Ariana Grande’s ‘Sweetener’ Balances Bona Fide Hits With Raw Experimentation

Ariana Grande performing live. Rich Polk/Getty Images for iHeartMedia

After months of anticipation and the release of three solid singles, Sweetener, the fourth album by pop star Ariana Grande, dropped Friday at midnight. The verdict: It’s an adventurous, charming triumph.

Grande is a complicated artist. Any conversation about her, whether conducted in a sterilized record label conference room or in a dive bar, is guaranteed to be punctuated by comments about her Nickelodeon origins, the frequency with which she’s covered by TMZ, her eyebrow-raising engagement to comedian Pete Davidson, and the suicide bomber who killed 23 people and injured more than 800 others at one of her concerts in Manchester, England last year. There’s a great deal of context to cut through before getting to the record’s content. Grande knows this, but rather than look away from the agonies of her recent past, she harnesses them—and through sheer will translates abject horror into something like optimism.

“Blazed,” the first song after the angelic intro track, is one of the album’s few missteps, a lackluster tribute to getting stoned ripped straight from Rihanna’s playbook. From there, though, Grande excavates a unique sound and catapults herself headlong into the future. Brandishing a deconstructed bachata tempo, “R.E.M” meanders into your head and settles there with melodic insistence. Sandwiched between the sultry come-on “God Is a Woman” and chart-topper “No Tears Left to Cry” are “Successful” and “Breathin,” two undisputed bangers that tap into Grande’s subtler stabs at artistic innovation.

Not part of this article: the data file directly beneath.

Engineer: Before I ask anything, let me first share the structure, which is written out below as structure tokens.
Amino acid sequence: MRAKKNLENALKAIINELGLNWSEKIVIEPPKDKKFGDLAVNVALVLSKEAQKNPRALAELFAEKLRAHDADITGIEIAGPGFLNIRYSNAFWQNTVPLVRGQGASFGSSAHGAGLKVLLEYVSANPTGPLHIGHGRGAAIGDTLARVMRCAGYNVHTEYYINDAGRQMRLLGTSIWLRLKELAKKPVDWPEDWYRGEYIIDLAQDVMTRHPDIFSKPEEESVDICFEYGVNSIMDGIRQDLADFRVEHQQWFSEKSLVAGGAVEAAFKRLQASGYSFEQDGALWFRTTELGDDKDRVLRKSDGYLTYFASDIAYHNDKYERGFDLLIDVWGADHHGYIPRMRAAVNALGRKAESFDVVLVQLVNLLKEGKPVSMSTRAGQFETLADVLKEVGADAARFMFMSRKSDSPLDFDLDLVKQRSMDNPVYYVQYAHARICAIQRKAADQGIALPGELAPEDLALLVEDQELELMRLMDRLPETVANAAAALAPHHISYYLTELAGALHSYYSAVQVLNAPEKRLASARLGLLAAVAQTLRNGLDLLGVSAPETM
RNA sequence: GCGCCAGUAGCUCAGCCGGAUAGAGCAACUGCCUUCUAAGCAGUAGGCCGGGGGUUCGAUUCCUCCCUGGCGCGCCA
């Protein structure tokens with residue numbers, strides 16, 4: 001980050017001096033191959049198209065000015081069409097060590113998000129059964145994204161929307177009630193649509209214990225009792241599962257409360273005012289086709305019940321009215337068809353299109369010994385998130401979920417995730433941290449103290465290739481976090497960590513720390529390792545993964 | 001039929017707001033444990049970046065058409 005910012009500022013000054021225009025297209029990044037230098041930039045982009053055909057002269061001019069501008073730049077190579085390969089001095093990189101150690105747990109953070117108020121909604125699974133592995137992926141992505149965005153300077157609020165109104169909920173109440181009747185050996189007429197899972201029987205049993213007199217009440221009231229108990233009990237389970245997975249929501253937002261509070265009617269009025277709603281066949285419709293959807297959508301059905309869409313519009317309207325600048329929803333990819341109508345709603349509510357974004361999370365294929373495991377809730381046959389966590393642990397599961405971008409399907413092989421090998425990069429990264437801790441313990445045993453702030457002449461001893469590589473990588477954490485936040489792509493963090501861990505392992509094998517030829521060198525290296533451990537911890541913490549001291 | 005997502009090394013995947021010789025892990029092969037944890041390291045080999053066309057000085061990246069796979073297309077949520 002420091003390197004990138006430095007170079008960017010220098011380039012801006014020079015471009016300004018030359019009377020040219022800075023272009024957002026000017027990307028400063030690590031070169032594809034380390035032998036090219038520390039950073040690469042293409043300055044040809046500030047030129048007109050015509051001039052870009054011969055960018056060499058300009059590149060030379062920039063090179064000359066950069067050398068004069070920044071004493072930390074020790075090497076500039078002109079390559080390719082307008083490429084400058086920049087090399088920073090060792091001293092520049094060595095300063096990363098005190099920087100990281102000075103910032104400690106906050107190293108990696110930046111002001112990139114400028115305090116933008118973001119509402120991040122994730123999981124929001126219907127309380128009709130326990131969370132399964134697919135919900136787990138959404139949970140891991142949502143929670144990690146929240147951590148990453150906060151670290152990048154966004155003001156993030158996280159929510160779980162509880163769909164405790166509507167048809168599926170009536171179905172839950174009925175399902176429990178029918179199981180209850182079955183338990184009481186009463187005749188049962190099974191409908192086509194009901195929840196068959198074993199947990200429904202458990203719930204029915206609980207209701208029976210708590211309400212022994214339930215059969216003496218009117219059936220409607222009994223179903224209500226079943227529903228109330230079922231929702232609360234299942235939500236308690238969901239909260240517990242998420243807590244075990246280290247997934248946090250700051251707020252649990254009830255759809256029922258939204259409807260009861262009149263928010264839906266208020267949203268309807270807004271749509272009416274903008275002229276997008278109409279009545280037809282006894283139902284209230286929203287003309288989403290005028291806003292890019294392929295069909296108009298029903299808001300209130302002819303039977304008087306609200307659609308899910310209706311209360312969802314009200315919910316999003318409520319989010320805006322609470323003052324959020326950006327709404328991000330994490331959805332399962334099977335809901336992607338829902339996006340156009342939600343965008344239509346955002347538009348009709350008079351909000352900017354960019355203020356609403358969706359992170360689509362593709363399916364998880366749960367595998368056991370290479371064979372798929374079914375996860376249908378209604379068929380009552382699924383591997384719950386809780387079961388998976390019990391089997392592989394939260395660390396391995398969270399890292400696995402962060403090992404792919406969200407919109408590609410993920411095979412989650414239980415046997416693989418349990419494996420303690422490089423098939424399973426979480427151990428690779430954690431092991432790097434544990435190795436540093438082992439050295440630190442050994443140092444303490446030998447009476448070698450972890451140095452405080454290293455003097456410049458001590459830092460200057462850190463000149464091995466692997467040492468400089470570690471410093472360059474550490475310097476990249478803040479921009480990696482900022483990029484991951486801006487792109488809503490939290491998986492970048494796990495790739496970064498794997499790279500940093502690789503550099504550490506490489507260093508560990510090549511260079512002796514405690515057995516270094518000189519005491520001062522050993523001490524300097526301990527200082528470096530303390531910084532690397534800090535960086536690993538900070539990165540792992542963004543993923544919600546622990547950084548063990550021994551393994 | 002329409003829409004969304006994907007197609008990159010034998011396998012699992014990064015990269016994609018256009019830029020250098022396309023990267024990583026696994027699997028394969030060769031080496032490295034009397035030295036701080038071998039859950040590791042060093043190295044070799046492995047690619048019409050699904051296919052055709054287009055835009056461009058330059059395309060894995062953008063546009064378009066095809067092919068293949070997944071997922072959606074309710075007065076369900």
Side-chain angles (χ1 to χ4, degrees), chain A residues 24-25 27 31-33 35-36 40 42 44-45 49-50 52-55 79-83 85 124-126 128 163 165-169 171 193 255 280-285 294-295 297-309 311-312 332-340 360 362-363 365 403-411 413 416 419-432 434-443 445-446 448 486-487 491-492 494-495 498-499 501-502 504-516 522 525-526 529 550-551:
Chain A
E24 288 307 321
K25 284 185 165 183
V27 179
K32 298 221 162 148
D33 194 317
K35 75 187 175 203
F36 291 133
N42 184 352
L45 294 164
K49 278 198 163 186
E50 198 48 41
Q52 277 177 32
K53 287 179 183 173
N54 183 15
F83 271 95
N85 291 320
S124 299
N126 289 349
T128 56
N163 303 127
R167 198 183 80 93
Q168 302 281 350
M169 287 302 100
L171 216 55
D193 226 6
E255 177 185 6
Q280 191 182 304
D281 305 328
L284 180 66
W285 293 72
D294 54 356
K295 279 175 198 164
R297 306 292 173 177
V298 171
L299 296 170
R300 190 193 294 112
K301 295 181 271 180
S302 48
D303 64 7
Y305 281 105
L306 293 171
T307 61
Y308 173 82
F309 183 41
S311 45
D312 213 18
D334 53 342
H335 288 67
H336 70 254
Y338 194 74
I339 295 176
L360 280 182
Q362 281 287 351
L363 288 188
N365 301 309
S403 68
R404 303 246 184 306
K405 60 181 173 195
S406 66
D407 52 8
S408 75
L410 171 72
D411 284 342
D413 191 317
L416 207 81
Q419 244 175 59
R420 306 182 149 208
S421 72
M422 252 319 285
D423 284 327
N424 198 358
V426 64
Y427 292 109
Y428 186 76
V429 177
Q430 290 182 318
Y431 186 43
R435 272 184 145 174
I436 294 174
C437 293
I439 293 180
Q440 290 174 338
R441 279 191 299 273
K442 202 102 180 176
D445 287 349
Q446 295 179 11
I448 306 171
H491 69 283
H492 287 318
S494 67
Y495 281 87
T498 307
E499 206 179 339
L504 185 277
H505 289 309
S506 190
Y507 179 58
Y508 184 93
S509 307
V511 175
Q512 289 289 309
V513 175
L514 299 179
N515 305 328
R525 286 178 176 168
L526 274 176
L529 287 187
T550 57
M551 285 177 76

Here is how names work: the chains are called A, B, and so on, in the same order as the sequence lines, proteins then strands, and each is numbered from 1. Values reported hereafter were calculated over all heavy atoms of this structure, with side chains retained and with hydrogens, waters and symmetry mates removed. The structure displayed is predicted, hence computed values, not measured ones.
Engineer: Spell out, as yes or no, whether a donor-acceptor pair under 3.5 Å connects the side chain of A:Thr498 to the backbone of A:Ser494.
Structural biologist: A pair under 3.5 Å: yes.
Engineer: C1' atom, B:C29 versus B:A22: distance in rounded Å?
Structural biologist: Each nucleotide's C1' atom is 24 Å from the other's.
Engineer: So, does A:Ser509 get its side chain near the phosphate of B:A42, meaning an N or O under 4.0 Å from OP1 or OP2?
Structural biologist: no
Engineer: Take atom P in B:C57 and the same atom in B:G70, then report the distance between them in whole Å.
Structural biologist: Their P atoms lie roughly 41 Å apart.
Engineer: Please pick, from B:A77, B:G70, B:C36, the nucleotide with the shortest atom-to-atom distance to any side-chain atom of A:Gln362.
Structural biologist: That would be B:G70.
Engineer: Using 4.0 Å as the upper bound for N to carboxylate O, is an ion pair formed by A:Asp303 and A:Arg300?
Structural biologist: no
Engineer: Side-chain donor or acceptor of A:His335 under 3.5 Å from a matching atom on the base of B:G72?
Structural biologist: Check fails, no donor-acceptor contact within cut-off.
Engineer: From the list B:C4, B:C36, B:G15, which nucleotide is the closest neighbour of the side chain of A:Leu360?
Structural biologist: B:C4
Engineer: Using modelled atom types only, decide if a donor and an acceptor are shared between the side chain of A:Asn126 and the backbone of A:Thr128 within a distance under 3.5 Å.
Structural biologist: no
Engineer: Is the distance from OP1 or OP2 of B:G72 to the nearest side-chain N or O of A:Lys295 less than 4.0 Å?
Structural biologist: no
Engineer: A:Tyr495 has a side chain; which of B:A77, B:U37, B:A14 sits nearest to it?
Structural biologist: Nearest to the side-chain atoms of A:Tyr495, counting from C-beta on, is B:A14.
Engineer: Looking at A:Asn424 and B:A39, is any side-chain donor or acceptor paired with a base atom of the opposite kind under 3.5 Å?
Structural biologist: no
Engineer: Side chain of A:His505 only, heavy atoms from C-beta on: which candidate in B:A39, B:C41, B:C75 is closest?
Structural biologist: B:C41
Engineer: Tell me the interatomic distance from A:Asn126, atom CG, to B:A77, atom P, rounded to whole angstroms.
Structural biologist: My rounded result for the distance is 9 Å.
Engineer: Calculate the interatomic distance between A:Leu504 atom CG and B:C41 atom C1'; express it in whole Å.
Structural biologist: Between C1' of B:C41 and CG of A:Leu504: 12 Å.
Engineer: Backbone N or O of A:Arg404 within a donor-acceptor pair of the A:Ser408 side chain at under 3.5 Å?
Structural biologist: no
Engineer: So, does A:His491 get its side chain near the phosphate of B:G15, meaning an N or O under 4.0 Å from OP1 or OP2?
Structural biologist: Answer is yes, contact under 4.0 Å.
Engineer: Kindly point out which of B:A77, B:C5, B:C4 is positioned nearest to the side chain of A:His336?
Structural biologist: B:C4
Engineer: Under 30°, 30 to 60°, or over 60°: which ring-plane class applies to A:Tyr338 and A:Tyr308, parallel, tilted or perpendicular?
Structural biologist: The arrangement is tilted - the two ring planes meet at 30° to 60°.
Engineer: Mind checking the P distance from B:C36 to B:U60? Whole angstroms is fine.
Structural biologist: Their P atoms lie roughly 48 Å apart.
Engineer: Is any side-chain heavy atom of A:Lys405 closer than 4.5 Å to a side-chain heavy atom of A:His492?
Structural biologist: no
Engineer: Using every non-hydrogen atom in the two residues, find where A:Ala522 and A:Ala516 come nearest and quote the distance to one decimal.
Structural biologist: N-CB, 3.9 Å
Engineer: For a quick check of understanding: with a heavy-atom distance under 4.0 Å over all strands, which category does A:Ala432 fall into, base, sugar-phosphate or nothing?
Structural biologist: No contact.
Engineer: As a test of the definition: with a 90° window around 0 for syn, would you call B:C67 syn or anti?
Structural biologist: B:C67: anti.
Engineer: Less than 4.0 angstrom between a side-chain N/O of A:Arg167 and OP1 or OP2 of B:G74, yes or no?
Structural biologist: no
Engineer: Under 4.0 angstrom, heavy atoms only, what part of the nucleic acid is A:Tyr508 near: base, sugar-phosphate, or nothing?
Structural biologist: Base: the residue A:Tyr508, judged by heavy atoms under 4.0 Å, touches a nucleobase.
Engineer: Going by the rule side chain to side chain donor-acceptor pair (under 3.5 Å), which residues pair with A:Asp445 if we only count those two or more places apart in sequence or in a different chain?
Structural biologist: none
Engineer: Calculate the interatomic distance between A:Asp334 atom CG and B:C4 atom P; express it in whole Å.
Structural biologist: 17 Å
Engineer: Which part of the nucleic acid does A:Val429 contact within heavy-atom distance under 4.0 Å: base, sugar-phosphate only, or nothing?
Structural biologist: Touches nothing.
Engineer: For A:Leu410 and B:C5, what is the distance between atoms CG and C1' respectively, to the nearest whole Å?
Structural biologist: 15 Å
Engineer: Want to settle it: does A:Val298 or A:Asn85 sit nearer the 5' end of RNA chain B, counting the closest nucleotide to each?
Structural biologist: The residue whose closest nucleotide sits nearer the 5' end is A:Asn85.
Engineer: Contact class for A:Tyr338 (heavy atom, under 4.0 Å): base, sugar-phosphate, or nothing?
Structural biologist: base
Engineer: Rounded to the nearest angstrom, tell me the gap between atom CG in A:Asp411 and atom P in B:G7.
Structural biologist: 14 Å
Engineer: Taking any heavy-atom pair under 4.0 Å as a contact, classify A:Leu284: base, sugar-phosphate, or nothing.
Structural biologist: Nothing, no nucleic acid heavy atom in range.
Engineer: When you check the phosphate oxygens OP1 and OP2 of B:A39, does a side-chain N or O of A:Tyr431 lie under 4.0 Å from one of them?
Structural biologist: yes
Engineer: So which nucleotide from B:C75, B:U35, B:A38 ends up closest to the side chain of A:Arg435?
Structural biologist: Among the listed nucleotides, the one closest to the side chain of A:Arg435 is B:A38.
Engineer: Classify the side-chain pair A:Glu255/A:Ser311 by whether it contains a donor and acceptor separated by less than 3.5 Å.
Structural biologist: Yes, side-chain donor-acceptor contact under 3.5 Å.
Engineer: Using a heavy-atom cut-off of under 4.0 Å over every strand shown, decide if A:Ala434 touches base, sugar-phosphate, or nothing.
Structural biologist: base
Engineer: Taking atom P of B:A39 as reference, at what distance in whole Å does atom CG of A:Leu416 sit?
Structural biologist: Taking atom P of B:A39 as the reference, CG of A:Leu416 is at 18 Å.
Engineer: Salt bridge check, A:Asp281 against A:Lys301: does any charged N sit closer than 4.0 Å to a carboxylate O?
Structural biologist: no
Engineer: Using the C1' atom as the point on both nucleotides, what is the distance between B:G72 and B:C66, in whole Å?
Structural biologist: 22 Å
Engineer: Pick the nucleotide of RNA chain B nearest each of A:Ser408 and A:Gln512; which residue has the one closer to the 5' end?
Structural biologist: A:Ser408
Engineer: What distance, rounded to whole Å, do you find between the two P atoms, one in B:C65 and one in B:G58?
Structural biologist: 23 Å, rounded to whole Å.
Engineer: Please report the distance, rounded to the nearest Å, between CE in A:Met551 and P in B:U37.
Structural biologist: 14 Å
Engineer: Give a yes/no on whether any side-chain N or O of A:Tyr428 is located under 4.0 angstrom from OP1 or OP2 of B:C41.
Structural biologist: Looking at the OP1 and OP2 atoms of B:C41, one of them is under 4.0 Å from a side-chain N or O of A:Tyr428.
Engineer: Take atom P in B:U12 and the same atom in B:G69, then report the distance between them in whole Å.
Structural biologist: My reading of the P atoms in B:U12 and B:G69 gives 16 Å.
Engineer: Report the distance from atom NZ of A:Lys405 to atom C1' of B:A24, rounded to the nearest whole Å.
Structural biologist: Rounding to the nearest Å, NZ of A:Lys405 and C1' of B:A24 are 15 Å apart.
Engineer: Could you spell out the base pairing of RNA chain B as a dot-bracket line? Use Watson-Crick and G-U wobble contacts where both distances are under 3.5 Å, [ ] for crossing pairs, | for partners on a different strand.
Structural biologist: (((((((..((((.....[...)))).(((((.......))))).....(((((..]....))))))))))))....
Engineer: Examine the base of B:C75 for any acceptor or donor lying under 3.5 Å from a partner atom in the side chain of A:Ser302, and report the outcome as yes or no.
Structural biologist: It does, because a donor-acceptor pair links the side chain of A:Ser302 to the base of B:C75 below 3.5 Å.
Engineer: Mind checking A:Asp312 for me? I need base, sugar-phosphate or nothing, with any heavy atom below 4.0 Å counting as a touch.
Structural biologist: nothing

“Successful” features a cheeky organ riff reminiscent of “Walkin’ on the Sun,” the 1997 debut single by ska-pop group Smash Mouth, revealing just how willing Grande is to get downright goofy in the name of pop progress. In contrast, “Breathin” is vintage Grande, a vocal showcase à la “Honeymoon Avenue.” While it leans heavily on a beat that feels like it was lifted straight from Drake’s “Hold on, We’re Going Home,” the chorus, lilting and lovely and repetitive in the best way, is just begging to be screamed by thousands of Arianators in a cavernous arena.

Production-wise, Sweetener is largely split between tracks from funk-happy pioneer Pharrell and go-to hit maker Max Martin (along with his Swede-pop apprentices).  While the album is deliciously cohesive as a whole, this even division indicates that Grande seeks to appease her rabid fans and charge forward towards new horizons in equal measure. Martin’s songs ring with absurd scope and dimension; it’s as if Grande is belting the lyrics to an empty football stadium. The Pharrell songs are skittery, if a bit more challenging, and often groovy as hell. Hit Boy and Pittsburgh-born Tommy Brown take over for the album’s denouement, and they don’t disappoint. “Goodnight n Go” borrows its soaring hook from an Imogen Heap song of the same name, while “Better Off” is the  closest she’s ever come to channeling Frank Ocean.

Grande is an astoundingly gifted singer in the tradition of Mariah Carey and Aretha Franklin, who passed away this week at the age of 76, and her continual collaborations with Martin are proof of her devotion to guaranteed radio hits that foreground her multi-octave range. But her true objective as an artist seems to be skewing more toward the unknown.

In a 2015 video, the singer experimented with Mi.Mu accessories, which are “wireless, sensor-enabled gloves for creating and performing music through movement and gesture.” Heap, one of Grande’s core inspirations, helped invent them.

She sweeps her arm through the air, twitching her fingers, and her otherworldly vocals advance and recede like an ocean eroding the beach. Everyone in the room can only watch in awe. They’ve got the right idea.

Ariana Grande’s ‘Sweetener’ Balances Bona Fide Hits With Raw Experimentation